Chinese Buddhist wooden sculptures of Water-moon Guanyin, a Bodhisattva sitting in a leasurely reclining pose on a rocky throne, are housed in Western collections and are thus removed from their original context(s). Not only are most of them of unknown origin, but also do lack a precise date. Tracing their sources is moreover difficult because of the scant information provided by art dealers in previous periods. Thus, only preliminary investigations into their stylistic development and technical features have been made so far. Moreover, until recently none of the Chinese temples that provided their original context, i.e. their precise/exact/specific position within those temple compounds and their respective place in the Buddhist pantheon, have been examined at all.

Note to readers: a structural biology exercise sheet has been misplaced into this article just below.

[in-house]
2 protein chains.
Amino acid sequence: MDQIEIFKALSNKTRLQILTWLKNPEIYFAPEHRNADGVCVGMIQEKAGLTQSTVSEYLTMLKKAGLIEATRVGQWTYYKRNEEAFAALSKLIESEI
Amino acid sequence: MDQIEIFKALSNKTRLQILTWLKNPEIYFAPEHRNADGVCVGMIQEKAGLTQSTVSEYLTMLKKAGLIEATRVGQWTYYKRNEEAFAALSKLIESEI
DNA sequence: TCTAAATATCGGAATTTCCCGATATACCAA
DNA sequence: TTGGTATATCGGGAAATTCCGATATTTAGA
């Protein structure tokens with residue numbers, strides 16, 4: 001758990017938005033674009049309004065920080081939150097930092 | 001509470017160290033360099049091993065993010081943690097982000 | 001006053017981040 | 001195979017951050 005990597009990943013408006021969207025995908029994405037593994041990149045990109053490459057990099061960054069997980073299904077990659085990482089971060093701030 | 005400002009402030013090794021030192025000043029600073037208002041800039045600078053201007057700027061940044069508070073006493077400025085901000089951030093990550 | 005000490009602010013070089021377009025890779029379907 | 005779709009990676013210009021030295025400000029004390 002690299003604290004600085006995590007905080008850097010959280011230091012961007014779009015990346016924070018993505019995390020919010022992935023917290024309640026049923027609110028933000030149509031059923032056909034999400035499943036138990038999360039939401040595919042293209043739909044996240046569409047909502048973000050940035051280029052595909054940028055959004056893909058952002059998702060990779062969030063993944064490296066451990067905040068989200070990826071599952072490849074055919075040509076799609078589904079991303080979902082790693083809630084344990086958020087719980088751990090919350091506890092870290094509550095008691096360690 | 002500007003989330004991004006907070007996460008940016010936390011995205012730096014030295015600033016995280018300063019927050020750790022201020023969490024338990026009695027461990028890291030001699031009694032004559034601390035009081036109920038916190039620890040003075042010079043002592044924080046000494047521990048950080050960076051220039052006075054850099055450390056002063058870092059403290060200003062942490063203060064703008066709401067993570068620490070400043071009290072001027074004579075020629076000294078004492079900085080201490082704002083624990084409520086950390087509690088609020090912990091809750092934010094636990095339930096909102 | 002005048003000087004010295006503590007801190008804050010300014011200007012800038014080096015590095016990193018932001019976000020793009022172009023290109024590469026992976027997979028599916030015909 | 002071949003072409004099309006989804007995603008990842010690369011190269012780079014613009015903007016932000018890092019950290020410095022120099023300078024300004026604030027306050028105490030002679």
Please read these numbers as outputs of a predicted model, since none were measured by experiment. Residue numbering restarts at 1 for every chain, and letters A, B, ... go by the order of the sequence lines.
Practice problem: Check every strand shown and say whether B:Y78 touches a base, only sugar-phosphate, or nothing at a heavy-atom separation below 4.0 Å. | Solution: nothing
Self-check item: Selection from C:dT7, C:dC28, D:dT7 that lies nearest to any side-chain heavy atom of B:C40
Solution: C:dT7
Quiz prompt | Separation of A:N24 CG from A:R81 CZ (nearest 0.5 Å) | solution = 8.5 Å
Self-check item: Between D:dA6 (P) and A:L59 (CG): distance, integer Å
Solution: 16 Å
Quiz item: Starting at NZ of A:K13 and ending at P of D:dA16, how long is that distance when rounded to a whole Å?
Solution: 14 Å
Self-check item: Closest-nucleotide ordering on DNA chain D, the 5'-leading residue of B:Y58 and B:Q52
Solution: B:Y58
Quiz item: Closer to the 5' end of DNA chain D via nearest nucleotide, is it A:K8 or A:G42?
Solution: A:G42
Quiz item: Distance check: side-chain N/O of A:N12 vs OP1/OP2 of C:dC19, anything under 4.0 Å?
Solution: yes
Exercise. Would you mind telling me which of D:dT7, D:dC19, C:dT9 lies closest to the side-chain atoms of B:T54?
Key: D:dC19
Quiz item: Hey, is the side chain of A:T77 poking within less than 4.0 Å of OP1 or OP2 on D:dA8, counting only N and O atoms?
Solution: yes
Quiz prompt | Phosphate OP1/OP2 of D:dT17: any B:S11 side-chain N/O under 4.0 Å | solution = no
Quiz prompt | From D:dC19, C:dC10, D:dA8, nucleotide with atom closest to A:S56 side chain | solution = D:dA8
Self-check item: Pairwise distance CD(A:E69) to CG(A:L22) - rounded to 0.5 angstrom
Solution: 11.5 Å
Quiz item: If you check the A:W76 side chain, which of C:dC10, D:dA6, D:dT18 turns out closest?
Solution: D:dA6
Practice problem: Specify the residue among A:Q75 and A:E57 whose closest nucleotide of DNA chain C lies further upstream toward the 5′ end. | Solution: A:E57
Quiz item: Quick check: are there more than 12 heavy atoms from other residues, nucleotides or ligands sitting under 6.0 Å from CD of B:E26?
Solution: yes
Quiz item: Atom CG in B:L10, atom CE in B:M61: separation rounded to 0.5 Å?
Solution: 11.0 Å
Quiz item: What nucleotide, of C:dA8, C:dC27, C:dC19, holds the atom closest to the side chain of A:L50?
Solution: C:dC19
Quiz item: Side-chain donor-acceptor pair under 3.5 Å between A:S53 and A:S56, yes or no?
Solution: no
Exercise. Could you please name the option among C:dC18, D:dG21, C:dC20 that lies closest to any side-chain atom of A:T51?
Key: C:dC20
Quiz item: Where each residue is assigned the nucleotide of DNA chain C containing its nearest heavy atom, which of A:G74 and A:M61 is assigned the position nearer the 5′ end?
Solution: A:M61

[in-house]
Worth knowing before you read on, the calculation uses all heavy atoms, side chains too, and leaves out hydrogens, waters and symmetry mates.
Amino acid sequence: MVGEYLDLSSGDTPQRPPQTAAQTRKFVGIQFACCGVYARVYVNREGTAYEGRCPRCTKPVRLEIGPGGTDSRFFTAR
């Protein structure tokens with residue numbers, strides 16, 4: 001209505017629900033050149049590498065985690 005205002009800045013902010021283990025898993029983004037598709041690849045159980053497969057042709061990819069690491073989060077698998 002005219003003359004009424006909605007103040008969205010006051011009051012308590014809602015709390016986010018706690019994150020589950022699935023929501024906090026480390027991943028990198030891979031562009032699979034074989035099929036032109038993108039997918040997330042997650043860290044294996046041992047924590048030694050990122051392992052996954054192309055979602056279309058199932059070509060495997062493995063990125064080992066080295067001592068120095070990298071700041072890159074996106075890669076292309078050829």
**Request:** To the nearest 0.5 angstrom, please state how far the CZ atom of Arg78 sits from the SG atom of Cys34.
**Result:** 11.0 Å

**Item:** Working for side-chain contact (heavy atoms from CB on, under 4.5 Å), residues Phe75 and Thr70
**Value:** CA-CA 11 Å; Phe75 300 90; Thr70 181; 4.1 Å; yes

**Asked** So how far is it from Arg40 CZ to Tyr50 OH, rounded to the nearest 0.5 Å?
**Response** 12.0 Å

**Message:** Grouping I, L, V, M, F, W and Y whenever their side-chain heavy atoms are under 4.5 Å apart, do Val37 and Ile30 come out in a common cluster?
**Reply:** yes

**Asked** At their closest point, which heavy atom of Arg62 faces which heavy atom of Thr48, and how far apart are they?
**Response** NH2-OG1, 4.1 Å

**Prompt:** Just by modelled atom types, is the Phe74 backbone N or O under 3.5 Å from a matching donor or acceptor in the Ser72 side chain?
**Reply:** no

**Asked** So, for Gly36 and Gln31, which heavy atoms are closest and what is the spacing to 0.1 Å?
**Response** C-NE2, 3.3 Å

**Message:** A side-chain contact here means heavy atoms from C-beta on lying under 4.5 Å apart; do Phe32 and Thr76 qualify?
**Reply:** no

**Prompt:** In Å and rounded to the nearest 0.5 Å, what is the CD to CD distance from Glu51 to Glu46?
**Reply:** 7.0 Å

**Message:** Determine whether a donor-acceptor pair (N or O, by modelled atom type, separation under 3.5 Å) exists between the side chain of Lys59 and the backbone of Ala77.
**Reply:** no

In herstudy, Petra H. Rösch investigates these very aspects, including questions about the religious position and function of the sculptures of this special Bodhisattva. She also looks at the technical construction, the collecting of Chinese Buddhist sculptures in general and those sculptures made of wood in particular.
She uses a combination of stylistic, iconographical, buddhological, as well as technical methodologies in her investigation of the Water-moon Guanyin images andsheds light on the Buddhist temples in Shanxi Province, the works of art they once housed, and the religious practices of the eleventh to thirteenth centuries connected with them.